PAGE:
Bill Fields / PGATOUR.COM
The week that he made golf history in 1975 as the first African American to play in the Masters Tournament, Lee Elder made an important point to reporters documenting his milestone appearance. “I don’t want to go down in history just for this,” he said. “I want to be remembered, if I’m remembered at all, because I was a good golfer.”
That he was, playing in 448 PGA TOUR events and winning four times, then claiming another eight victories on PGA TOUR Champions. Elder, who died early Sunday morning at age 87, endured a long, hard road to the TOUR as an African American overcoming a difficult childhood and racial discrimination to forge a successful career in a sport historically unkind to Black players.
“I think a lot of guys would have given up,” Elder said during his rookie season of 1968, when he turned 34. “I don’t think they would have stuck it out this long.”
The 2019 recipient of the Bob Jones Award for distinguished sportsmanship, the highest honor given by the United States Golf Association, Elder forged his game in the years when a Caucasian-only clause barred Blacks from competing on the American professional circuit, then governed by the PGA of America. Elder turned pro in 1959 — two years before the racial prohibition was removed from PGA by-laws after legal pressure from California Attorney General Stanley Mosk — and set out on the United Golfers Association tournament trail for African American players.
“What Lee Elder was born with was a lot of patience, determination, guts and willpower,” famed sportswriter Jim Murray of the Los Angeles Times wrote in 1975. “You can’t play golf without all four of these.”
Robert Lee Elder was born July 14, 1934 in Dallas, Texas, the youngest of 10 children. His father was killed in action during World War II when Lee was 9, and his mother died only three months later. He was taken in by his aunt, Sarah, when he was 11, living in Wichita Falls, Texas, and Los Angeles before returning to Texas.
“My aunt was an incredible person,” Elder wrote in Golf Digest in 2019. “She gave me love and discipline, didn’t let me get too far out of line. Her resources were limited, but she carried herself with great dignity, communicated well with people and taught me right from wrong. I was on my own after about age 16, but she got me to a point where I could care for myself.”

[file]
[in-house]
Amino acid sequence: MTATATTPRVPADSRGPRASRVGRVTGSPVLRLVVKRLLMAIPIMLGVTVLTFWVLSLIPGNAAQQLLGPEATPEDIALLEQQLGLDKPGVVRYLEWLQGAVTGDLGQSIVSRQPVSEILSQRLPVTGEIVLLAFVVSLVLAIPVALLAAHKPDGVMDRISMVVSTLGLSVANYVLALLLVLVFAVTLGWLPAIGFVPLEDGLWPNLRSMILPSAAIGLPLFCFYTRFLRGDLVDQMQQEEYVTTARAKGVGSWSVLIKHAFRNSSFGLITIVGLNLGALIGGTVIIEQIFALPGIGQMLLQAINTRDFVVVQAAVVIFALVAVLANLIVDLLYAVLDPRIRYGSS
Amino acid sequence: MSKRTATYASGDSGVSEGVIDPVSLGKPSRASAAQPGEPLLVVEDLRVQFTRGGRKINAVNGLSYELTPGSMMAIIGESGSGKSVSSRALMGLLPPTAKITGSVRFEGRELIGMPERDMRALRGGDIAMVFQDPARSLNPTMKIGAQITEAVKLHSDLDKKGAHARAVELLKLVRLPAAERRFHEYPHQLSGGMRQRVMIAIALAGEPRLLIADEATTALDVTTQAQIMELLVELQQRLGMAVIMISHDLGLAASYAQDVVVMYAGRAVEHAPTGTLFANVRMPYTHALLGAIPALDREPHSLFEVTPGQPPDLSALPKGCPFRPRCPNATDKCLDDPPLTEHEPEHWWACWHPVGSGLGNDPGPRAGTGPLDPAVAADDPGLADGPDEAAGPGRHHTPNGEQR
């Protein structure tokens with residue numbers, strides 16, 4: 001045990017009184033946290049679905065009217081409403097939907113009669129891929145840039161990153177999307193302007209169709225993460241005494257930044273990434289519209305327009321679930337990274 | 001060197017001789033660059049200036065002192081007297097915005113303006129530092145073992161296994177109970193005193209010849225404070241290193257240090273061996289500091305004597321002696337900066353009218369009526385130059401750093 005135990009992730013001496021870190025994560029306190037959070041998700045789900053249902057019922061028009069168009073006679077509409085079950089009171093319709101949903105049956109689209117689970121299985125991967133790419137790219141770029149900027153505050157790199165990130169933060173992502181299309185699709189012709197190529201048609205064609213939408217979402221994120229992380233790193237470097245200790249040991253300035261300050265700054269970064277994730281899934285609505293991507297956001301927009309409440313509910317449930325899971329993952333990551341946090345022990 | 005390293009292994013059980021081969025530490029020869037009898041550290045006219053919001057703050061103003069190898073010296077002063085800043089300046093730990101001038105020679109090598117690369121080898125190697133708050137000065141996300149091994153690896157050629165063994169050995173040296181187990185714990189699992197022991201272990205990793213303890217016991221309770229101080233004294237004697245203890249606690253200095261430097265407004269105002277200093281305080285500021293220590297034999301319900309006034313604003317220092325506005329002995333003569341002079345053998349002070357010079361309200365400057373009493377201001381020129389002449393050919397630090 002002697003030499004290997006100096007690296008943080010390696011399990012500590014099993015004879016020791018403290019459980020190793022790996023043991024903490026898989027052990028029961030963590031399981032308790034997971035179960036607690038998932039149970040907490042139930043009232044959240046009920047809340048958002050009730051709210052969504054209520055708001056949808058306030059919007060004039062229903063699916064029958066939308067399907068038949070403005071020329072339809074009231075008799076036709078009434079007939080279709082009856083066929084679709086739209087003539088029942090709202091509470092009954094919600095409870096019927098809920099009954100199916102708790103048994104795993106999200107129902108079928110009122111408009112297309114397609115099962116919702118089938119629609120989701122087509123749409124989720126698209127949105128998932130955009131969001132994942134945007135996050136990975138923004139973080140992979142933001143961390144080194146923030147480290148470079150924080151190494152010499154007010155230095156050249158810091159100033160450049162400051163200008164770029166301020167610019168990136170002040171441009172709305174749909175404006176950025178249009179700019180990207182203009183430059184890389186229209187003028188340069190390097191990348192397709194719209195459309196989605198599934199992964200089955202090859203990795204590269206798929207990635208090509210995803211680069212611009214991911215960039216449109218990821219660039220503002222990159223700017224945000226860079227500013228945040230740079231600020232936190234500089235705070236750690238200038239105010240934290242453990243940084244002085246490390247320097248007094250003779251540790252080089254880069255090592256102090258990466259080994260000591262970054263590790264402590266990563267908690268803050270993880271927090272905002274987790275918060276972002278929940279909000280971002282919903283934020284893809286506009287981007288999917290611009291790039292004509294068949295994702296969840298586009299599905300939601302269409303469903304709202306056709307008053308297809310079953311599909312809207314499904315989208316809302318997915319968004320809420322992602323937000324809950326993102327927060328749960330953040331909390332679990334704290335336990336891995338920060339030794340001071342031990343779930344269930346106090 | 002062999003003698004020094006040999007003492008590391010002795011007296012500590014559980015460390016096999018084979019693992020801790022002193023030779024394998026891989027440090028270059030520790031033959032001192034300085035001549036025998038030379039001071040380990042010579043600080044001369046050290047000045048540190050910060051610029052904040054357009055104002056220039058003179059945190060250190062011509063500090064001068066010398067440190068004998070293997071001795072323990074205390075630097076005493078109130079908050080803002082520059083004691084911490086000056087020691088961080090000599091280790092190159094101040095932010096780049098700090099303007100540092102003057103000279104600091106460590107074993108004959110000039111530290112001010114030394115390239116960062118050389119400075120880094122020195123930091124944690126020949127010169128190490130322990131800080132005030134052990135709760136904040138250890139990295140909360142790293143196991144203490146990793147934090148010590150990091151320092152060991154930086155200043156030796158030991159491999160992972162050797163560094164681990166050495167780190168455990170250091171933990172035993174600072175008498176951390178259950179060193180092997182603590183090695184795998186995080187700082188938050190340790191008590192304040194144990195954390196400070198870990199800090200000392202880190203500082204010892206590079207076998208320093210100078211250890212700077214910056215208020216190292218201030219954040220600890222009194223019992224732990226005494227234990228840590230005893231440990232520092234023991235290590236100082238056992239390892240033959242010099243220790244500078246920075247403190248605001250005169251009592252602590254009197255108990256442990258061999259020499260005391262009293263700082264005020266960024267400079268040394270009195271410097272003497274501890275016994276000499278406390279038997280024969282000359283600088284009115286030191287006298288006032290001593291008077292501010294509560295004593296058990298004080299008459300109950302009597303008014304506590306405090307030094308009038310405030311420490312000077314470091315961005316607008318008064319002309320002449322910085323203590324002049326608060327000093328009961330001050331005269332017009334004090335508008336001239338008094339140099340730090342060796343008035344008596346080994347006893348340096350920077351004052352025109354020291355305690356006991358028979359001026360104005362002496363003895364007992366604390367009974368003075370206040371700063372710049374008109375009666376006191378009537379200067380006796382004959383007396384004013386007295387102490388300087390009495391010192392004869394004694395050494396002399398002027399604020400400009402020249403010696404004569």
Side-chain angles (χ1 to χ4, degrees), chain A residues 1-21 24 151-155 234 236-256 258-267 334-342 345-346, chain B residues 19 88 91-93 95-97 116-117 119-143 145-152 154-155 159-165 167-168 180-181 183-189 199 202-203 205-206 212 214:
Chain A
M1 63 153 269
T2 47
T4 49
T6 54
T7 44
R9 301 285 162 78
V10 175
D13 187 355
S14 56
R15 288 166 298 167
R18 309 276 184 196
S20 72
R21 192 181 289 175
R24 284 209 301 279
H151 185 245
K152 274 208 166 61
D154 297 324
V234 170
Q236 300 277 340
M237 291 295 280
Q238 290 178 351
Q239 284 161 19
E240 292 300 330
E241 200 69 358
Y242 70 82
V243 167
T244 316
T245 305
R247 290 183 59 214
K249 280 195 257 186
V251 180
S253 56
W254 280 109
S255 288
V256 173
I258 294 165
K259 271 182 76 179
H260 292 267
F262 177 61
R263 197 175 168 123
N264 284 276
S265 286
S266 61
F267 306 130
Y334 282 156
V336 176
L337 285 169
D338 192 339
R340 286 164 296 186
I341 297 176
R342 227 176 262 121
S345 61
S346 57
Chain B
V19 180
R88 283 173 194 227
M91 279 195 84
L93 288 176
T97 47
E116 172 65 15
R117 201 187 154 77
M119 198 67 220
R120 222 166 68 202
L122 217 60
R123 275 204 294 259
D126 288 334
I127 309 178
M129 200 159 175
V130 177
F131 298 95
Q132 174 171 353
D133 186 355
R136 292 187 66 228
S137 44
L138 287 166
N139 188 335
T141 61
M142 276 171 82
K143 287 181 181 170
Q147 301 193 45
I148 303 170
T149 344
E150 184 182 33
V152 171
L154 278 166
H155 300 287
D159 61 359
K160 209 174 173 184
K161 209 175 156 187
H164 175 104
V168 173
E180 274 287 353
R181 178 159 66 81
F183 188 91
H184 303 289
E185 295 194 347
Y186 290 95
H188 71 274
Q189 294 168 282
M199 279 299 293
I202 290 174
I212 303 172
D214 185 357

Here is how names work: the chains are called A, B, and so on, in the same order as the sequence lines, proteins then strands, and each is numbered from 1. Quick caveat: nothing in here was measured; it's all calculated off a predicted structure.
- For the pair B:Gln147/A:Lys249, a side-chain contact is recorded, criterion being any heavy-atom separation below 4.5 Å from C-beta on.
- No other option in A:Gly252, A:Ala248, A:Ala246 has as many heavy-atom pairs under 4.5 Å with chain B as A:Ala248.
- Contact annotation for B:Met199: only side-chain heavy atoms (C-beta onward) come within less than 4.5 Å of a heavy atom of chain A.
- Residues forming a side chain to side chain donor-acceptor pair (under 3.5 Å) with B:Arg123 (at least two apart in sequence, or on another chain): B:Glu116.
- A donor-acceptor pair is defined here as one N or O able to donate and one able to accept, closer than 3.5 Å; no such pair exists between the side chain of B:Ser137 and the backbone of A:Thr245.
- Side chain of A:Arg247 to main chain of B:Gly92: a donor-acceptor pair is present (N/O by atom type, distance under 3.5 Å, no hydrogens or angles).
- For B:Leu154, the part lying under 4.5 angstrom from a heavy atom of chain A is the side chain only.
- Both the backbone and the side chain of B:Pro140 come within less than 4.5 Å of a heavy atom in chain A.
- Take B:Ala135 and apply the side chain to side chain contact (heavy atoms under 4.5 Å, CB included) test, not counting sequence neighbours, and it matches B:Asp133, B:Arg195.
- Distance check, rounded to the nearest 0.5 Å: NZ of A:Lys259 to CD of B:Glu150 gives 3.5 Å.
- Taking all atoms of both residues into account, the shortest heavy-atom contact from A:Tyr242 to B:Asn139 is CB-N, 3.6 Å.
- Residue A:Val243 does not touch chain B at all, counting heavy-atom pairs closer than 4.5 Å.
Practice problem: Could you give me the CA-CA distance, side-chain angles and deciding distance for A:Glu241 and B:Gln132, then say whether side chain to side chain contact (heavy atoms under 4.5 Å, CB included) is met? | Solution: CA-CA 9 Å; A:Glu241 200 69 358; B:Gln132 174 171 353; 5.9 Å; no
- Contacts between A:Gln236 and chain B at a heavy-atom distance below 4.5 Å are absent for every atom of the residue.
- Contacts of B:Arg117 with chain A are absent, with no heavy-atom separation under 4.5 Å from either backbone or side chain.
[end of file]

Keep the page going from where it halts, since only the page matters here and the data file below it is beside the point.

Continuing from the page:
Elder got into golf as a caddie, playing his first 18-hole round when he was 16 with scavenged golf balls and wooden-shafted clubs bought at a second-hand store. He got by hustling golf games around Dallas, winning money by playing on one leg, on his knees or using a cross-handed grip. Eventually, Elder hit the road with Titanic Thompson, hustler extraordinaire, often posing as Thompson’s caddie before unleashing his unexpected skill to help lighten the wallets of the duo’s opposition.
“I’m not real proud of everything that happened traveling with Ti,” Elder said in Golf Digest, “because some of the ruses were a little sneaky. But it was an interesting life, and it trained me to handle pressure.”
Despite his seasoning in the high-stakes money games, being tutored by the very talented African American golfer Ted Rhodes and dominating the UGA tournaments, Elder lacked full belief in his skills until successfully qualifying for the 1966 U.S. Open, where he was grouped the first two days with teenage phenom Johnny Miller, who was brimming with confidence. Elder made the cut and the following year decided to give PGA TOUR Q-School a shot.
“It’s remarkable to look back on Lee’s life and career and realize the hardships he endured and the sacrifices he made to reach golf’s highest level,” said PGA TOUR Commissioner Jay Monahan. “To have the success he had, while paving the way for others to dream big and achieve, is a testament to the type of man he was and how much talent he possessed. The TOUR is profoundly grateful for the career of Lee Elder, and we extend our sincere sympathies to his family.”
Even as Elder began his TOUR career, joining winners Pete Brown and Charlie Sifford and other African Americans where they once were barred, lodging and travel still could be tenuous because of prejudice. And racial animus hadn’t gone the way of the Caucasian-only clause that had kept Spiller, Rhodes and other Blacks out of top-level competition.
Elder didn’t win as a rookie in 1968 but battling Jack Nicklaus in a nationally televised five-hole playoff in the American Golf Classic at Firestone Country Club in Akron, Ohio, raised his profile as a burgeoning star on the TOUR.
“Lee Elder was a pioneer, and in so many ways,” said Nicklaus. “Yes, he was the first Black player to compete in the Masters Tournament, but that simply underlined the hard work Lee put in to further the cause of everyone who has a dream to play on the PGA TOUR and perhaps thinks there were too many barriers before them. It was wonderful that the Masters Tournament and Augusta National paid a well-deserved tribute to Lee by inviting him to be an Honorary Starter on this last Masters. That morning, you could see the joy in Lee’s face, and Gary Player and I were honored to enjoy that moment with him. That memory will remain special for so many, including me, for many years to come.